The May 7 cyberattack on the Colonial Pipeline had gas prices rising above the $3 per gallon level weeks ahead of Memorial Day weekend. So, now that the pipeline is up and running, will gas prices go down again?
Well, yes and no. The good news is that prices are already dropping at U.S. gas stations. The bad news is that we should be bracing for the most expensive summer gas prices in years, according to AAA.
When will prices go down?
Luckily for motorists, gas prices around the U.S. have already started to stabilize. GasBuddy's Fuel Price Trends chart shows that the national price has stayed within a one-cent range from May 13–May 16. The price even fell between May 15 and May 16, which marked the first price decrease in a week.
“The national average gas price surged last week thanks to big price jumps in Southeastern states due to the previously shut down Colonial Pipeline, but most areas outside that region saw smaller fluctuations,” Patrick De Haan, head of petroleum analysis for GasBuddy, said in a blog post posted on May 17.
“With the pipeline now back in service, I expect prices to come down in the hardest hit states, specifically the Carolinas, Georgia, Tennessee, Florida, and Virginia. The drops should lead the national average to soon fall back under the $3 per gallon mark.”
De Haan also said that we can expect fewer gas outages, especially early in the week. He’s optimistic that motorists won’t have to search for gas on Memorial Day weekend.
Memorial Day could see another price jump.
In the GasBuddy blog post, De Haan warned motorists that the lower prices might not last long, especially because Memorial Day weekend is a popular road trip time.
“Prices may start to head higher in a few weeks should Memorial Day gasoline demand be red hot,” he wrote.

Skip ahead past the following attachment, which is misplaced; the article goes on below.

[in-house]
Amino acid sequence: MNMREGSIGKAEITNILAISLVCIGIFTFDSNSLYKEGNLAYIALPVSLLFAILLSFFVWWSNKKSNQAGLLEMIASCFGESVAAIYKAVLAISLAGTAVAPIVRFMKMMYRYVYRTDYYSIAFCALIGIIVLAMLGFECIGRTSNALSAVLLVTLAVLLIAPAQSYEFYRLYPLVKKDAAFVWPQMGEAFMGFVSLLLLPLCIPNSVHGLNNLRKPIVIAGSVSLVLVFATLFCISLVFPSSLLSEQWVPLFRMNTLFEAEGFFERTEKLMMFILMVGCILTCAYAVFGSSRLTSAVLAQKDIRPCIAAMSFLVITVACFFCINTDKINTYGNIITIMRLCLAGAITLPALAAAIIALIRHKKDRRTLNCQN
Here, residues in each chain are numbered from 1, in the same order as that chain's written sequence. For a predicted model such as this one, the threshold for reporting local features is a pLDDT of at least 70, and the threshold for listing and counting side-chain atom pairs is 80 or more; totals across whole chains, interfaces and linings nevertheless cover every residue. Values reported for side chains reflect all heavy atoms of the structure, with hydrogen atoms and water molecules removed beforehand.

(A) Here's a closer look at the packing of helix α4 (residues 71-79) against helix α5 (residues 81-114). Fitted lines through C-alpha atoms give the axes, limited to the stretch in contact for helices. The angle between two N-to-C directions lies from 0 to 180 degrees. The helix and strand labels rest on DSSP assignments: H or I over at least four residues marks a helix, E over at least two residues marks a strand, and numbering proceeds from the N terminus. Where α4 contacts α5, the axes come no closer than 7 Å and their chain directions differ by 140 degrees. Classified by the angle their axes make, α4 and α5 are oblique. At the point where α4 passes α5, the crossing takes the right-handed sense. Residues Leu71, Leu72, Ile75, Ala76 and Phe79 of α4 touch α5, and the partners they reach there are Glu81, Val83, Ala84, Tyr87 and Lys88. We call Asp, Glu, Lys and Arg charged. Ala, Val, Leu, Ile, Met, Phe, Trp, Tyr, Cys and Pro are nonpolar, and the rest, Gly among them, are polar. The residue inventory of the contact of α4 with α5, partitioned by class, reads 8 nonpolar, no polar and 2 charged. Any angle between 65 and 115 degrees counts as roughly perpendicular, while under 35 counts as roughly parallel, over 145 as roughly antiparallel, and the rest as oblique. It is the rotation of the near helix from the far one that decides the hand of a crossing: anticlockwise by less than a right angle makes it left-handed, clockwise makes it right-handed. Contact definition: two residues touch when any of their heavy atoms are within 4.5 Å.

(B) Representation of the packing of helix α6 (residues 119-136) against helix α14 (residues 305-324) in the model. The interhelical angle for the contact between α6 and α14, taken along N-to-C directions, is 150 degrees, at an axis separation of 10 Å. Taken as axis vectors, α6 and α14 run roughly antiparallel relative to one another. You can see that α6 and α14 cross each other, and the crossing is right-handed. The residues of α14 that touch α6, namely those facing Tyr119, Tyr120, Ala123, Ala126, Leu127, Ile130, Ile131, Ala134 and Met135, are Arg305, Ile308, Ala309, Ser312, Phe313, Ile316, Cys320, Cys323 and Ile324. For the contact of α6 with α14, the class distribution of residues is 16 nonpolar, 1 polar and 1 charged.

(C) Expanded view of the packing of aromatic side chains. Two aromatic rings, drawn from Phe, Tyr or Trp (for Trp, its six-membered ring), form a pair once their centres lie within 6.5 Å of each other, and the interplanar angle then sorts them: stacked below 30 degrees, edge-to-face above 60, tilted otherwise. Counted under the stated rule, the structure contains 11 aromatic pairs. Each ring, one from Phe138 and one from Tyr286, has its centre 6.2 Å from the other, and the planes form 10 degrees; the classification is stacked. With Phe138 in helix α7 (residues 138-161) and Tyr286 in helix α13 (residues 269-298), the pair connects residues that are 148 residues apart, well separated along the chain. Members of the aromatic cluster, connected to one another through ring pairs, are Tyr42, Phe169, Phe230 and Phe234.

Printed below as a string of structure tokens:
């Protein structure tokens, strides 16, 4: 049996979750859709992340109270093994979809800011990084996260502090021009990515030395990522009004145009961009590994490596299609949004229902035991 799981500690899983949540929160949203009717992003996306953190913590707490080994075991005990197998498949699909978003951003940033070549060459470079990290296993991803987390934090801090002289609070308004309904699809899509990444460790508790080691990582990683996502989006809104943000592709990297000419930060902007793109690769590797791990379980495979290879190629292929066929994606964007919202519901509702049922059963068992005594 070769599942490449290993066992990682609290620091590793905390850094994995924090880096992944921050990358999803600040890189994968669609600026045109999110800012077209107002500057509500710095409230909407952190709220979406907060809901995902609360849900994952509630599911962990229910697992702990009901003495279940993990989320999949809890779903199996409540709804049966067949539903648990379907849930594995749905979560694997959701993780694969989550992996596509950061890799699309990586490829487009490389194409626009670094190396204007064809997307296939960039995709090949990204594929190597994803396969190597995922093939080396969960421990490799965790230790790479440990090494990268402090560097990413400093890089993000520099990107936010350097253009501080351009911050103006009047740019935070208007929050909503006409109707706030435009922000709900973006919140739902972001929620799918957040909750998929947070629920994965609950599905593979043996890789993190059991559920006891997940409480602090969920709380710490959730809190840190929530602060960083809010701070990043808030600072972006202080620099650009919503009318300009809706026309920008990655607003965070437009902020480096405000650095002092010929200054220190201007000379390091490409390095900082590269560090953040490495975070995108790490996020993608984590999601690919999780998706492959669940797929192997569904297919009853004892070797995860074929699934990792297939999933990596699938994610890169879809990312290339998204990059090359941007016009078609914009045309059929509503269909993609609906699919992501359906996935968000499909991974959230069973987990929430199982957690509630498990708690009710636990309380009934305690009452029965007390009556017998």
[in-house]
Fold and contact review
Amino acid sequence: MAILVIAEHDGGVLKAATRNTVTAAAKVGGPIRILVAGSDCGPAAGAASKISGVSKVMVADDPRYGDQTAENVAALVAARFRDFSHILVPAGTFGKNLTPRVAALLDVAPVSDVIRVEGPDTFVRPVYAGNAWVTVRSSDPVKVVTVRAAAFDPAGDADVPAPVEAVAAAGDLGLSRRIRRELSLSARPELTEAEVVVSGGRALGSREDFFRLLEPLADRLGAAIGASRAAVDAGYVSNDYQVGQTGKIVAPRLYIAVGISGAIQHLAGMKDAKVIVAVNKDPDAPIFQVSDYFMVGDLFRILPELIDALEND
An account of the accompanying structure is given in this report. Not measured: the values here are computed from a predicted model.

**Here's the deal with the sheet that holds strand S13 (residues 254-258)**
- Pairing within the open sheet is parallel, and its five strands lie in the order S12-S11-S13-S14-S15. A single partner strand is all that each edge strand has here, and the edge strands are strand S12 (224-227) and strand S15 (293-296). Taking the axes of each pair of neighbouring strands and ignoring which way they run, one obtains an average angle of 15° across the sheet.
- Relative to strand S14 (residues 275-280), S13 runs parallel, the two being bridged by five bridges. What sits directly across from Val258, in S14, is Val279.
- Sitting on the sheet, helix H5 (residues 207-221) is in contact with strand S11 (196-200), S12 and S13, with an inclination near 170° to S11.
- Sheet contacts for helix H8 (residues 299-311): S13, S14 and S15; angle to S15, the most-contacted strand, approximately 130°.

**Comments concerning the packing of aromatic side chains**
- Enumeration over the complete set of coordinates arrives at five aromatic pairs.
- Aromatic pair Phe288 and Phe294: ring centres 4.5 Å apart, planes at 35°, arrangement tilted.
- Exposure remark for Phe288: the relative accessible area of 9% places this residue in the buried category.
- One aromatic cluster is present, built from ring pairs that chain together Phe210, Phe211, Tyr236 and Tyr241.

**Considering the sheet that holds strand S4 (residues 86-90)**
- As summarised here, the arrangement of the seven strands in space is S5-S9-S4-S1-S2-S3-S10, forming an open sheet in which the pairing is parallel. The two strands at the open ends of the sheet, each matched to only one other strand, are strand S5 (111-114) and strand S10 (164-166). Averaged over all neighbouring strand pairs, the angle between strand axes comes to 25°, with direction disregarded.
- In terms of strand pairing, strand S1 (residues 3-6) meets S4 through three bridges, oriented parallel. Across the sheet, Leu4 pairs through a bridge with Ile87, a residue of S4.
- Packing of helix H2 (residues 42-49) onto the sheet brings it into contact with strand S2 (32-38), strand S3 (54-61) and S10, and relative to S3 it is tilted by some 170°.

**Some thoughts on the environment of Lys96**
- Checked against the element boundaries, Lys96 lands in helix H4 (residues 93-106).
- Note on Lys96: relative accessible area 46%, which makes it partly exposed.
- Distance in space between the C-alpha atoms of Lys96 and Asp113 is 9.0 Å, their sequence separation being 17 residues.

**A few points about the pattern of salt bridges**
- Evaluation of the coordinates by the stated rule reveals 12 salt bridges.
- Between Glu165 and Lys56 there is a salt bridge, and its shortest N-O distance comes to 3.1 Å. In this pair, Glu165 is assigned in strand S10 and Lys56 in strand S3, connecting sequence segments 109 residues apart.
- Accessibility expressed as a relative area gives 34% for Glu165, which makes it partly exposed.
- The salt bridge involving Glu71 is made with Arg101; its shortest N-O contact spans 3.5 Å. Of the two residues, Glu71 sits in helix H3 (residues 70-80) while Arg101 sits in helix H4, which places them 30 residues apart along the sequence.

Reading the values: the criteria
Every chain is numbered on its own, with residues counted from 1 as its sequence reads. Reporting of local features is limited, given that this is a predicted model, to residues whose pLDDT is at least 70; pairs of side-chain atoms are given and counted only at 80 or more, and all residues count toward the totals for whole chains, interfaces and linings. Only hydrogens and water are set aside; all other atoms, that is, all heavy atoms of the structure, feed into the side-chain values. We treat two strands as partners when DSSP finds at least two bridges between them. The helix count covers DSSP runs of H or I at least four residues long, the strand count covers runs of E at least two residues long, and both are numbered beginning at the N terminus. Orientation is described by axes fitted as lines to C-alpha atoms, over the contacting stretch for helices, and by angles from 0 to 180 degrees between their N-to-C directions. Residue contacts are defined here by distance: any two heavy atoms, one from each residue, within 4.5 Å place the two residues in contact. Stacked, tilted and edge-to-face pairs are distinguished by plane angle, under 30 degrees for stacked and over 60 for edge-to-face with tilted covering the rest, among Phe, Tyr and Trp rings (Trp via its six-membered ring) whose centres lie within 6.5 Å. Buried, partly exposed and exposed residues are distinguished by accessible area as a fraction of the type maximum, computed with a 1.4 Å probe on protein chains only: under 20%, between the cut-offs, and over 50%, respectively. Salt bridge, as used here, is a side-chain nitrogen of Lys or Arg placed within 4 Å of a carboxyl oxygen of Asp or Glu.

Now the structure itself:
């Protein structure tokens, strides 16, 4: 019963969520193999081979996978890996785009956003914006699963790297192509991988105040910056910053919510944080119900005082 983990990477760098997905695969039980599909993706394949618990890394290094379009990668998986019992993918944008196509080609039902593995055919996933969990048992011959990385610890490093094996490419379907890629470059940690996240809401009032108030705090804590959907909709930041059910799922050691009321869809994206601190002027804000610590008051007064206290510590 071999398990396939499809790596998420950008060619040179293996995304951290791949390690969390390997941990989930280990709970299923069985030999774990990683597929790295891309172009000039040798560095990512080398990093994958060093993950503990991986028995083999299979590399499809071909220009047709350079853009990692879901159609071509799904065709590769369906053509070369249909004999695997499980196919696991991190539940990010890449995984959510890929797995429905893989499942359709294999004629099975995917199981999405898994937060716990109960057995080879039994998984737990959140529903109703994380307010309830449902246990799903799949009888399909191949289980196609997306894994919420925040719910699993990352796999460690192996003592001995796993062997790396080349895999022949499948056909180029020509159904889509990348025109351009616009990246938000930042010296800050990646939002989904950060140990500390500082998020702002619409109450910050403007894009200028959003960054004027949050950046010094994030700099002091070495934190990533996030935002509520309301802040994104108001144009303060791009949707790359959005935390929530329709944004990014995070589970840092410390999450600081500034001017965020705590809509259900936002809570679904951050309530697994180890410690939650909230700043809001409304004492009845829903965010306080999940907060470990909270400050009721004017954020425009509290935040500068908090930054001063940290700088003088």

In a Twitter thread on May 13, De Haan posted his predictions about how long refueling will be a headache for various states. He predicted 5–12 days of headaches for drivers in Washington D.C., Florida, Maryland, and Tennessee. “The situation may worsen slightly but will start to improve by this weekend,” he wrote, explaining the outlook in those states.
He predicted 1–2 weeks of headaches for drivers in Georgia, North Carolina, South Carolina, and Virginia. “The situation will definitely take time and slowly improve due to a high number of outages and higher number of stations to refuel,” he tweeted.
It will be an “expensive summer” for motorists this year.
In a gas price outlook posted on May 17, AAA confirmed that the national gas price average has stabilized but forecasted that motorists in the U.S. will see the most expensive gas prices since 2014 this summer. It doesn’t help that an estimated 34 million Americans will take a road trip 50 miles or more from home from May 27–May 31, which is a 52-percent increase from 2020.
“This is going to be an expensive summer for motorists,” said AAA spokesperson Jeanette McGee. “However, we do not expect it to deter travelers from hitting the road. AAA finds that despite the higher pump prices, Americans still take their road trips but just may not travel as far as originally planned, or go to their planned destination and spend a little less.”